When to Invoice: Before or After a Job?
Sometimes, small field service business owners miss the little things. After all, many days are spent in the field helping your team. When your team punches out for the day, you have to spend considerable time managing the financial part of your small business, from balancing the books to signing paychecks.
One of the most important tasks that business owners face is sending invoices for their work. The question is when do you send an invoice: before or after a job?
You have three options for the timing on your invoices:
Option 1: Invoice Before You Start a Job
Sending an invoice before the beginning of a job often works well for small-scale projects. There are some pros and cons to invoicing before a project begins.
Improved Cash Flow
Receiving money before you complete a project improves your cash flow. You can use the money you receive for a project to make equipment and materials purchases, instead of making the purchases on credit. For small field service businesses, strong cash flow can provide the finances to bid on many projects simultaneously.
Cements Your Commitment to a Project
If you receive compensation for a project before it begins, you have made a legally binding commitment to complete the job in a timely matter. This invoicing arrangement can backfire, as some small field service business owners use the money to fund other projects. The reception of cash before a project begins can improve cash flow but can also reduce discipline.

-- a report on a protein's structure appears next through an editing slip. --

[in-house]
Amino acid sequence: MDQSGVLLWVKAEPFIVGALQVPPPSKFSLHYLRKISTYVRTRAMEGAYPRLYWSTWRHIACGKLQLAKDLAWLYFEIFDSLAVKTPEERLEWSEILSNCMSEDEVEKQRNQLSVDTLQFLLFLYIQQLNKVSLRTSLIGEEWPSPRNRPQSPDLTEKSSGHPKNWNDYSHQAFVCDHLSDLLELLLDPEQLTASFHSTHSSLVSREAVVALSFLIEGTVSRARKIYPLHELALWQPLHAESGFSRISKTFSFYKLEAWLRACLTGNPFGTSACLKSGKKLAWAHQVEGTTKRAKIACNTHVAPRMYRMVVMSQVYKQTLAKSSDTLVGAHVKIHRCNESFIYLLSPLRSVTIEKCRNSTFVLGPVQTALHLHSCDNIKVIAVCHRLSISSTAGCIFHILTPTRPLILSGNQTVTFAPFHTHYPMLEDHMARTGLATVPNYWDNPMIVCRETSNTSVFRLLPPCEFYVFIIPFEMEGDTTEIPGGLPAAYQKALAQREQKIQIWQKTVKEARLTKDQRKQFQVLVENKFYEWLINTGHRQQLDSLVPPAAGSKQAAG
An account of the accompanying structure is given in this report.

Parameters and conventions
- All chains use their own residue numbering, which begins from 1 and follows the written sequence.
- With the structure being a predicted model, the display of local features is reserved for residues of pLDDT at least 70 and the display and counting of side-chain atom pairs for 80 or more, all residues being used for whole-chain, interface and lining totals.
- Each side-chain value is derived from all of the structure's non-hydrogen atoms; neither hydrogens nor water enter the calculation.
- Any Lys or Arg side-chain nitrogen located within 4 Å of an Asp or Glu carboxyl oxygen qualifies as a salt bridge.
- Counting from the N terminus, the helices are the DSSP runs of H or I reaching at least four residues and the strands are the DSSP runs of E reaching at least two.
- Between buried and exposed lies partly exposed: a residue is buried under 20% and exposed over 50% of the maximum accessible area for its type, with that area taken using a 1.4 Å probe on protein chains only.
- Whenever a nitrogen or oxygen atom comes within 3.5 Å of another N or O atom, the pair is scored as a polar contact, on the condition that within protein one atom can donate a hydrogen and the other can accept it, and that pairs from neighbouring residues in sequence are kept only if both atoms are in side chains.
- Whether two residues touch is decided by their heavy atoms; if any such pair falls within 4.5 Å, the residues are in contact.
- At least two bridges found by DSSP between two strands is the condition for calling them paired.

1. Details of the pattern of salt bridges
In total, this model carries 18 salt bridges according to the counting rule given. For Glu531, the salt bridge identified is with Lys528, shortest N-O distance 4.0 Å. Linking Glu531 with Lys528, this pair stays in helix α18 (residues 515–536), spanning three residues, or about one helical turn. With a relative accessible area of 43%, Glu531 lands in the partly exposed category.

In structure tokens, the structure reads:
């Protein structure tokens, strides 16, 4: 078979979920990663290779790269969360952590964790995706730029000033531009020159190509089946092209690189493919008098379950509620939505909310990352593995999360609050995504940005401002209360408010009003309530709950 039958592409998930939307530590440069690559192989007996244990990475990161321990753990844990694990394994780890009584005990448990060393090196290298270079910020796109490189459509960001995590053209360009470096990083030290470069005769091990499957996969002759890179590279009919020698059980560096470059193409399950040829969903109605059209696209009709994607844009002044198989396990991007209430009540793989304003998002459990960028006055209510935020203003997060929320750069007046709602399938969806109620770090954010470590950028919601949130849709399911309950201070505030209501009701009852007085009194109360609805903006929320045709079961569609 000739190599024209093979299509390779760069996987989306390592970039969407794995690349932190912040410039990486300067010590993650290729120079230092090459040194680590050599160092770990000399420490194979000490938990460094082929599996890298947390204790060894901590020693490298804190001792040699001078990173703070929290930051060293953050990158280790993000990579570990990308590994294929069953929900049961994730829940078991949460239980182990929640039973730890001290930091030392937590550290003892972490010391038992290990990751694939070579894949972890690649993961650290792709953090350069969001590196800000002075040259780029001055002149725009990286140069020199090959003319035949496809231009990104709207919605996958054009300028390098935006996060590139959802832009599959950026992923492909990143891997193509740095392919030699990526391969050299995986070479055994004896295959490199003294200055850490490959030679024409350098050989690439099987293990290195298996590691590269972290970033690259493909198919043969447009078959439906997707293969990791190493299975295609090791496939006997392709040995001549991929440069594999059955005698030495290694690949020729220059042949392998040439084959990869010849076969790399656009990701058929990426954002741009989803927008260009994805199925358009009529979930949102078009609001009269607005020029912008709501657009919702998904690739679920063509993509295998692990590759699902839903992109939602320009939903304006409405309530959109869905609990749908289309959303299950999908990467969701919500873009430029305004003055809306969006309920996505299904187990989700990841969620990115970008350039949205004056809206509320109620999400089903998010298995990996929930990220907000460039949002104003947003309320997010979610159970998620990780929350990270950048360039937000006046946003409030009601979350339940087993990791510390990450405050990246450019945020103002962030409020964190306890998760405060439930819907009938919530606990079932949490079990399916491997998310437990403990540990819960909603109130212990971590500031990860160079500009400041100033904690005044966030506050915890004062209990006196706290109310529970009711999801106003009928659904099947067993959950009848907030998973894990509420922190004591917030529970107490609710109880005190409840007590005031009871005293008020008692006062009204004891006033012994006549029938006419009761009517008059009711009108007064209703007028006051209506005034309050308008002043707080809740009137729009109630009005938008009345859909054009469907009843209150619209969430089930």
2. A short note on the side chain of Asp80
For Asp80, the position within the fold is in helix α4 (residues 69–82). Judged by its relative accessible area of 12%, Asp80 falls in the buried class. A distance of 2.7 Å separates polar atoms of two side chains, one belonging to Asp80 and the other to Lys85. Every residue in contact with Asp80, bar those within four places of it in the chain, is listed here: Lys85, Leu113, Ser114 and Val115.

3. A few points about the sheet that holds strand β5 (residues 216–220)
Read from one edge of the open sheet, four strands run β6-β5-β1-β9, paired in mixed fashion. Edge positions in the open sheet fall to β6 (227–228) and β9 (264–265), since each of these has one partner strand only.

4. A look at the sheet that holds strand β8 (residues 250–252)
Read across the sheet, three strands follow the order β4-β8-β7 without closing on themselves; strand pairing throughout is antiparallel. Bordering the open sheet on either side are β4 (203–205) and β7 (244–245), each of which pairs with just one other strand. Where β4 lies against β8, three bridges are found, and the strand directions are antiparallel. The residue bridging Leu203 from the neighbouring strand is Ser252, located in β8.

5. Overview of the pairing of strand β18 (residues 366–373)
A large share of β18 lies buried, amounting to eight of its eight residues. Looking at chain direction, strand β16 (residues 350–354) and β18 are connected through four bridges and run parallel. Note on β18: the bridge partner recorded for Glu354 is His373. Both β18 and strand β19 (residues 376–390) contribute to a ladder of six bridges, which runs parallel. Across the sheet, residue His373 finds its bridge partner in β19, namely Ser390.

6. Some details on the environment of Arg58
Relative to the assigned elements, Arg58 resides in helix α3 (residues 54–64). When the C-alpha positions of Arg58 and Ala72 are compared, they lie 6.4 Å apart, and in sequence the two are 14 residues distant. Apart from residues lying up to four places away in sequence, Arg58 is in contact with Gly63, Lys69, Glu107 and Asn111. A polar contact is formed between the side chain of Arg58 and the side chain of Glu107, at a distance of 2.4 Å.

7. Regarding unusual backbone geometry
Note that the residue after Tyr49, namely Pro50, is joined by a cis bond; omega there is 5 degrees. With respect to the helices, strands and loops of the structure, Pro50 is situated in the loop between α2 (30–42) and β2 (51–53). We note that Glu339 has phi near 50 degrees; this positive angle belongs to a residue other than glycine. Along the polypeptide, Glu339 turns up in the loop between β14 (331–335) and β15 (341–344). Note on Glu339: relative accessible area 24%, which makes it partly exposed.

Working with an Anxious Client
It’s common for a person get anxious when they give someone some money before they receive what they’ve paid for. The same principle applies to small field service business operators that receive money for a project before a project begins. Anxious clients add stress to already stressful projects.
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Option 2: Invoice After You Complete a Job
Most often, field service businesses send invoices after a job is complete.
You May Not Get Paid
Invoicing after a completed job leaves small service business owners susceptible to receiving nothing for their efforts. After you finish a project, the incentive for customers to pay you decreases considerably.
Incentive to Exceed Customer Expectations
Sending out an invoice after a completed job represents the stick and carrot approach to managing your cash flow. By waiting to bill customers, you create an incentive to perform jobs well beyond quality expectations of your clients.
Option 3: The Best of Both Worlds
Small field service business owners don’t have to accept an “either or” invoicing process scenario. Why not reap the benefits of invoicing before and after complete projects? First, request an upfront payment that provides you with enough financial resources to purchase equipment and materials. Twenty-five percent represents a common down payment expense for customers. Then, stipulate a final payment that covers the completion of a project.
Whether you invoice before or after a project, make sure to clearly present the financial terms of the project in a legally binding contract. Moreover, use invoicing process software to keep track of invoice submissions and payments. Invoicing software includes features that automatically send out invoices, as well as alert customers to pending due dates.